A hill has suddenly arisen out of nowhere and I’m in a gear better fit for a downhill fly. I think this is the story of my life. I’m on a new bike. It’s light and it’s fast, and the gears respond to a gossamer touch of their flashy levers. The trouble is, the levers are in places I’m unfamiliar with, four locations using thumbs and forefingers in combinations to make front and rear sprockets move up or down as needed. And I’m on a hill about to grind to a halt if I don’t find the right gear soon.
It’s the story of my life because I’ve discovered I live best when I’ve narrowed down God’s lessons for me into simple phrases. If it gets too complex, I simply revert to my natural set point; selfishness, pride, and vanity are waiting like the temptation to get off my bike and walk when the hill looms too large.
I’ve learned my left thumb is the most important digit when approaching a steep hill on this new bike. Pressing the lever nearest that thumb is the single most important choice I can make to enable this swishy new bike to do its job for me on that irksome slope. And I’ve learned a few rule-of-thumb lessons in life too.
I’ve learned that an appetite for God is best developed when I’ve suffered. When I’ve experienced the deepest disappointments I’ve found myself most desperate for God. I begin to see that time alone with Him in His Word and in prayer is the first and best thing I can do with my day, and the best place to deal with the problem of suffering.
I’ve learned that the backbone of prayer is in the request that God’s will be done in my life. Reading books like The Practice of the Presence of God (by Brother Lawrence) and Letters by a Modern Mystic (by Frank Laubach) have narrowed my focus toward more regular dialogue with God through prayer. And I’ve learned that dialogue must be various versions of “Thy will be done”.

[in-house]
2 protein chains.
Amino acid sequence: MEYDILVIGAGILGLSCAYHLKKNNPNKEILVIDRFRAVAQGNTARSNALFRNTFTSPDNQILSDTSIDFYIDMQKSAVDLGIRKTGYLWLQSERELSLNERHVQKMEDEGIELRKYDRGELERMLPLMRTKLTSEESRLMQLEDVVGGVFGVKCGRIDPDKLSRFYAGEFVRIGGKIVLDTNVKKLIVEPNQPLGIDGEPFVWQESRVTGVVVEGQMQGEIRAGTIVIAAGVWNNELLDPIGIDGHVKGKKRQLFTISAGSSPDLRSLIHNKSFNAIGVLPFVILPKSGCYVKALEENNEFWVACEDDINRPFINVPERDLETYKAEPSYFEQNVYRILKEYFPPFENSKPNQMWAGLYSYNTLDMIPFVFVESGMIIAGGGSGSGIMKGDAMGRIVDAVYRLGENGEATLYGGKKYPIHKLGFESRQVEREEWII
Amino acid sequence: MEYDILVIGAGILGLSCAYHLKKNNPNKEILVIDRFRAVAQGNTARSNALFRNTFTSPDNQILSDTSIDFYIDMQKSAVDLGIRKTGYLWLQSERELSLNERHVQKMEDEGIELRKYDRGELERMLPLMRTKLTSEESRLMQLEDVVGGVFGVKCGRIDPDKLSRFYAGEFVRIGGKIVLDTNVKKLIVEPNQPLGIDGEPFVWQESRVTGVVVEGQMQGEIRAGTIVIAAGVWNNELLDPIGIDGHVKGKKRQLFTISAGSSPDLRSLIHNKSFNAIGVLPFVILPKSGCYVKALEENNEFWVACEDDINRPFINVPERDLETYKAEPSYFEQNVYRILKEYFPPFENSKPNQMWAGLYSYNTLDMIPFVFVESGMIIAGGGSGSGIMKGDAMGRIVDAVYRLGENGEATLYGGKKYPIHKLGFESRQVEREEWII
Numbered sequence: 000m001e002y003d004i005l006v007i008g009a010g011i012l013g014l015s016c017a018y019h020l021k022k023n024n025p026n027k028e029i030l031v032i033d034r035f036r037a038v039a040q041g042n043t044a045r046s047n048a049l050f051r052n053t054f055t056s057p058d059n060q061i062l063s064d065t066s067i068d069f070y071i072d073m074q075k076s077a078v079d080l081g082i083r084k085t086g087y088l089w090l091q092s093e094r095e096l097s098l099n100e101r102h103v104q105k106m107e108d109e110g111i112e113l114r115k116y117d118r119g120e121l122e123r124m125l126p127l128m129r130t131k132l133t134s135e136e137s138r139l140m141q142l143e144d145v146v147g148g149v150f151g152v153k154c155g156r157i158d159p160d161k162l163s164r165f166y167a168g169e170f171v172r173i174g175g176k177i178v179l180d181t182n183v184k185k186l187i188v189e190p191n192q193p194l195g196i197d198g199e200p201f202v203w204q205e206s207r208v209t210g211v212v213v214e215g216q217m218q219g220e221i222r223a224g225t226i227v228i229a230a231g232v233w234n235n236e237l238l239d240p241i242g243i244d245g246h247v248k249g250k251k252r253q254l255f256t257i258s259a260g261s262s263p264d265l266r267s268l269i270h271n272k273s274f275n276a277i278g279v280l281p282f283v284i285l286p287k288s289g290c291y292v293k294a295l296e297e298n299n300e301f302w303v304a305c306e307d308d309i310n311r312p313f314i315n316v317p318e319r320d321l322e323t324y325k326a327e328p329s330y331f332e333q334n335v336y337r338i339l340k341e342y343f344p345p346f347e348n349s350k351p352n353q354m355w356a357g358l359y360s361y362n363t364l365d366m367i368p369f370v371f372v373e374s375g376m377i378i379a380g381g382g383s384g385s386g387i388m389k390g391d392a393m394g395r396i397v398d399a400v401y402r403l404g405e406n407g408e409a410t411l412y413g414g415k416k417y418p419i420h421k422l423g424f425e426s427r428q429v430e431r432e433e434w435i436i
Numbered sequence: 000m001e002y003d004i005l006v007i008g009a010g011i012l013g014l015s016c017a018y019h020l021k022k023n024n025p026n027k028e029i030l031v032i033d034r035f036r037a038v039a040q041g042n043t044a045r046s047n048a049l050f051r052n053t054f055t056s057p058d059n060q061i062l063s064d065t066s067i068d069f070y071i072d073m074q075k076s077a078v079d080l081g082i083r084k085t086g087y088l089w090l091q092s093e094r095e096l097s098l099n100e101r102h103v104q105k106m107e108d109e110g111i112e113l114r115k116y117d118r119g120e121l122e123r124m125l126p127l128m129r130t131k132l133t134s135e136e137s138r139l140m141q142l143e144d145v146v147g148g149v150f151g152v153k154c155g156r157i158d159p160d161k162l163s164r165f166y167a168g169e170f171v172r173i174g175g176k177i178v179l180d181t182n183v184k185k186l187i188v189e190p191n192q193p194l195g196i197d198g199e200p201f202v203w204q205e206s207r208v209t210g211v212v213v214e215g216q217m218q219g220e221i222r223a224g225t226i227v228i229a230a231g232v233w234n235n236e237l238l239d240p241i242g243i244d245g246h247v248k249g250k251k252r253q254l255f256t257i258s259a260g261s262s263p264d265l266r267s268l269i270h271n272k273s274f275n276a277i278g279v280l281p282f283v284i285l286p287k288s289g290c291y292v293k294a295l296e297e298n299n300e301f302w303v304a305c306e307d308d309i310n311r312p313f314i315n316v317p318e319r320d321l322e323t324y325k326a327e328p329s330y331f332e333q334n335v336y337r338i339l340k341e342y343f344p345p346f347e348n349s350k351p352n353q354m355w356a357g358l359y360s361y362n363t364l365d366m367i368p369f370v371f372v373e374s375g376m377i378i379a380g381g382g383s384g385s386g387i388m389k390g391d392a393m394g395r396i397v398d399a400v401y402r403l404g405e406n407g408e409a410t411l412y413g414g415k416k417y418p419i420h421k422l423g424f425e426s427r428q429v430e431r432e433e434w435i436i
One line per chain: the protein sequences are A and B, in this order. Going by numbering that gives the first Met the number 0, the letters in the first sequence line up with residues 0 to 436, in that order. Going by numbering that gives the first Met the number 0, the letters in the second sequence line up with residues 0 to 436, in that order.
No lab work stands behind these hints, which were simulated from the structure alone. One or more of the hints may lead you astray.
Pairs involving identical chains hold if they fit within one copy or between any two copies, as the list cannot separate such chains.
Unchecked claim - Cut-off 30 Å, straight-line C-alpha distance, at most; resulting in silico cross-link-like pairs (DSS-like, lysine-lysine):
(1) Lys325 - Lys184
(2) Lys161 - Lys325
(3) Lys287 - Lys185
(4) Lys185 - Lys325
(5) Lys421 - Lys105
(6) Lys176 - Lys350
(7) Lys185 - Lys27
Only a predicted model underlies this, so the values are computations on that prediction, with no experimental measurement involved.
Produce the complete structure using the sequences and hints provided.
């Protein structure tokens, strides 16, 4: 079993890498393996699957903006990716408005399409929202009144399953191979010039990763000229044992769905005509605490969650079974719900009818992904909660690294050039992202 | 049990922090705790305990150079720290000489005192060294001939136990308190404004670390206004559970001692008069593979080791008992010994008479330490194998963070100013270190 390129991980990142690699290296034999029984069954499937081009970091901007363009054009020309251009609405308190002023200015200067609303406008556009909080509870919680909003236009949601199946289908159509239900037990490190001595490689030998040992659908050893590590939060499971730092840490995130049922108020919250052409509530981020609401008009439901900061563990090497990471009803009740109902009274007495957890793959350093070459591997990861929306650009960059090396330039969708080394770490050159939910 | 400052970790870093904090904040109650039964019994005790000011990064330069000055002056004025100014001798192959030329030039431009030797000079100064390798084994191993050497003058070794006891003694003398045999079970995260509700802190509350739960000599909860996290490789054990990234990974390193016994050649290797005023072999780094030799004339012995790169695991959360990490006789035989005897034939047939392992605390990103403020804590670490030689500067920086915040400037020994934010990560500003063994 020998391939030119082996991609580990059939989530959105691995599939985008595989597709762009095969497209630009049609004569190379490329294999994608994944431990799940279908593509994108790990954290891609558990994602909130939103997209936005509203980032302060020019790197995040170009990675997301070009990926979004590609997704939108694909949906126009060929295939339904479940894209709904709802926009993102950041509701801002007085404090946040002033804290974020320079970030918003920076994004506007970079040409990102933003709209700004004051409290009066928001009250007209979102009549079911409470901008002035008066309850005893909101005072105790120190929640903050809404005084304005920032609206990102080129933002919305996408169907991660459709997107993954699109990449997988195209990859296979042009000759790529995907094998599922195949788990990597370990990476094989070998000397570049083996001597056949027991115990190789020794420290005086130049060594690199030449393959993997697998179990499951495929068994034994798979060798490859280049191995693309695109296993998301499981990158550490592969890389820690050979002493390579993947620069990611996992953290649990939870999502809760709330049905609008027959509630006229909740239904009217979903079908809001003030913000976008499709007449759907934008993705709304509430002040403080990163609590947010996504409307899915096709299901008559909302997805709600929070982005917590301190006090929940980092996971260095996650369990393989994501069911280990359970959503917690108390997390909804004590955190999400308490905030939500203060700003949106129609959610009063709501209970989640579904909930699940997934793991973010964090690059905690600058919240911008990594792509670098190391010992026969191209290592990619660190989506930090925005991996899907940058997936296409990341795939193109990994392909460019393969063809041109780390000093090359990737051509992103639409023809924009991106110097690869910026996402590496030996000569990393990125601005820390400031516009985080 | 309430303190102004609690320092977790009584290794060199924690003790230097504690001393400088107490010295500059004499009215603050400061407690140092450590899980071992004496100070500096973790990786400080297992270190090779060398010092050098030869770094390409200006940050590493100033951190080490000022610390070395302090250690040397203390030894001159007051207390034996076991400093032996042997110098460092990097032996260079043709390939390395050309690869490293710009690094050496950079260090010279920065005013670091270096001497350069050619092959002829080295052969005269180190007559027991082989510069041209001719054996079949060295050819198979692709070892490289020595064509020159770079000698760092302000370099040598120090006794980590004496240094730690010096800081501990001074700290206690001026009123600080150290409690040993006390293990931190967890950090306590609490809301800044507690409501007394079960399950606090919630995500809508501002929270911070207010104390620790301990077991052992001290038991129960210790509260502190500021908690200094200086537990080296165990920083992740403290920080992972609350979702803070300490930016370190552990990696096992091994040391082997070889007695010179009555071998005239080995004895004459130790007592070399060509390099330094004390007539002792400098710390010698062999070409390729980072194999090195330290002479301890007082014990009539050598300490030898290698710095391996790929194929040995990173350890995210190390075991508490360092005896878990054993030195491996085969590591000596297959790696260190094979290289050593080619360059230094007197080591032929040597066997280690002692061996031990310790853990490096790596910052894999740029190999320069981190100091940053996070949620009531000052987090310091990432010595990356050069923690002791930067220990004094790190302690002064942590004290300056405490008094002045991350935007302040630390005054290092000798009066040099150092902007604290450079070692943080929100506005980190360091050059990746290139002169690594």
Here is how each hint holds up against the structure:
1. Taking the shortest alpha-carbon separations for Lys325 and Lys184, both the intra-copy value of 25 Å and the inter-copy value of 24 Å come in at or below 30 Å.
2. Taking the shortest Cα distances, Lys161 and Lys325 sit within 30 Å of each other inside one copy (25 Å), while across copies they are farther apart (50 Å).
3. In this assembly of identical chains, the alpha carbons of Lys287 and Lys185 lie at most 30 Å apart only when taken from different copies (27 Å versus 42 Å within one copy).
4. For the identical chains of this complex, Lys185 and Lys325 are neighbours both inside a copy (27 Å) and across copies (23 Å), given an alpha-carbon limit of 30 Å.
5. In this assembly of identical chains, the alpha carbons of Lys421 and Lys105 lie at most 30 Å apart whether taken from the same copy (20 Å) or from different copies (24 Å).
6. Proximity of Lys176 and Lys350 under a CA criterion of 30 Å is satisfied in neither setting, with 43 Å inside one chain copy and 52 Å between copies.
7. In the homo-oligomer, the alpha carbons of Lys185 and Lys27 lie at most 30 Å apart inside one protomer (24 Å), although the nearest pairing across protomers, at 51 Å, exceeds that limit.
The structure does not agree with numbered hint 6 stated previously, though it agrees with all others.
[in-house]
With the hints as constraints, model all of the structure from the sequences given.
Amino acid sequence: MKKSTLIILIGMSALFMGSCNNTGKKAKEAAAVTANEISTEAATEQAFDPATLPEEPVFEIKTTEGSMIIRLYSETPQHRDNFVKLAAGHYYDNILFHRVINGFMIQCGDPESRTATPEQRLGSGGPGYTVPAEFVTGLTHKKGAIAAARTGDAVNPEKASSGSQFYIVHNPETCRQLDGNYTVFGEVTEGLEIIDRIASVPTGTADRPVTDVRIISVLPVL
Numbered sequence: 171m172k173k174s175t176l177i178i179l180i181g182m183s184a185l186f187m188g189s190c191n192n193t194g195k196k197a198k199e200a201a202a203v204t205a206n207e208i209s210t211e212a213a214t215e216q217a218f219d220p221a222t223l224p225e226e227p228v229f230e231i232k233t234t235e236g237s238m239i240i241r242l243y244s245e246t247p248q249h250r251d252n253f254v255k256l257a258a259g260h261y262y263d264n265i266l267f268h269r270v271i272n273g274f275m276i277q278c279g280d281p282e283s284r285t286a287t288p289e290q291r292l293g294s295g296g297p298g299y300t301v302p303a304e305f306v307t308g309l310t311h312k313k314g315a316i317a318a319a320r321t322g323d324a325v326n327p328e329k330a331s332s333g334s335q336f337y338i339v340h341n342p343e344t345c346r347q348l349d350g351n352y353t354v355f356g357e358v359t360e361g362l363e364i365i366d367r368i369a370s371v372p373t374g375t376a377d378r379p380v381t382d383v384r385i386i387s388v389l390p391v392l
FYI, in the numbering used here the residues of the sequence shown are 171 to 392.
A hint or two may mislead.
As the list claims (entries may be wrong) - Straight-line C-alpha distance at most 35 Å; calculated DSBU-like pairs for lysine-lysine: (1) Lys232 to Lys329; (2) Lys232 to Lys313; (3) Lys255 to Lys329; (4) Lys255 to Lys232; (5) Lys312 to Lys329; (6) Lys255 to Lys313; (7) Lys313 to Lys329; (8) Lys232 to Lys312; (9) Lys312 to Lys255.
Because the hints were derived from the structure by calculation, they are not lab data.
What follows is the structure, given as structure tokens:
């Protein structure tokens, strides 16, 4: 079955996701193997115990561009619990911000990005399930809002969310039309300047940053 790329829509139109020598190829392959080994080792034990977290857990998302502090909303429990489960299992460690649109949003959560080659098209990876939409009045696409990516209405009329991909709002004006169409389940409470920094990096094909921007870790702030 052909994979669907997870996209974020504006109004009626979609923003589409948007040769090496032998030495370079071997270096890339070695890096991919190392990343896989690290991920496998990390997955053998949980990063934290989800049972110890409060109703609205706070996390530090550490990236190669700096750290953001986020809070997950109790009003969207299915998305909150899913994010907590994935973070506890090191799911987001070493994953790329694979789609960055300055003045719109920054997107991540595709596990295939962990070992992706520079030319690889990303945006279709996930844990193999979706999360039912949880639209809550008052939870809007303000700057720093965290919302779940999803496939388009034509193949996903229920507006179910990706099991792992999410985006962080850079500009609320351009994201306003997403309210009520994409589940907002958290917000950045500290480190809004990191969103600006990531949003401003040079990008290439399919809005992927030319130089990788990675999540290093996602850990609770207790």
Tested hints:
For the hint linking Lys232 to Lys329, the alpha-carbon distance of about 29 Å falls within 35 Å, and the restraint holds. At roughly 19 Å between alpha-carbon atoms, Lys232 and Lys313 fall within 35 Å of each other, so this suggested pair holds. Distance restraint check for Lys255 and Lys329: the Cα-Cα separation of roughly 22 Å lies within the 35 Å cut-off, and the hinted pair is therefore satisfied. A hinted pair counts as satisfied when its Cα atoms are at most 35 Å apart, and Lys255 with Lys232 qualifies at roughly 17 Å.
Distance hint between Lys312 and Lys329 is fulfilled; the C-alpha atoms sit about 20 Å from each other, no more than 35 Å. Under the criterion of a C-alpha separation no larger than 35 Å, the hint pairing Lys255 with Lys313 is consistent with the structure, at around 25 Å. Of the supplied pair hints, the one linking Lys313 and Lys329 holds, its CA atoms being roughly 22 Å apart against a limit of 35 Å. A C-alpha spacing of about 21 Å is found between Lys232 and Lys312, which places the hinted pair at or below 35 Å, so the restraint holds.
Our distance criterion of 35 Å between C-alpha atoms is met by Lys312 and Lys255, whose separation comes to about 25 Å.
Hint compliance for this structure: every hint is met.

I’ve learned that faith is sometimes hard work and comes with a cost. Richard Foster’s Devotional Classics and Dietrich Bonhoeffer’s The Cost of Discipleship remind me that it is costly grace at work in my life that will make me finally like Jesus. This grace is epitomized in Paul’s verse to the Romans (8:28) that shocks me by saying, “in all things God works for the good of those who love him”. It means that God turns my weaknesses into something of eternal value; Jesus redeems all the disappointments, disciplines, ups and downs of my life for good.
So I’m riding this bike smoothly up the hill that almost had me walking. I remembered the rule of thumb just in time, and I’m in the prettiest first gear I ever felt. But it’s easier gearing down to first on a new bike than living the Spirit-filled life with success. I need to remember that suffering and disappointments are God’s invitation to come into closer relationship with Him. I need to remember that prayer is foremost about letting God have His will in my life. And I need to remember that God often works His good into my life when the hills are the most daunting. Those are the simple rules of thumb that God has taught me on this journey of life.
(Photo Credit: Andreas Werner, Wikimedia Commons)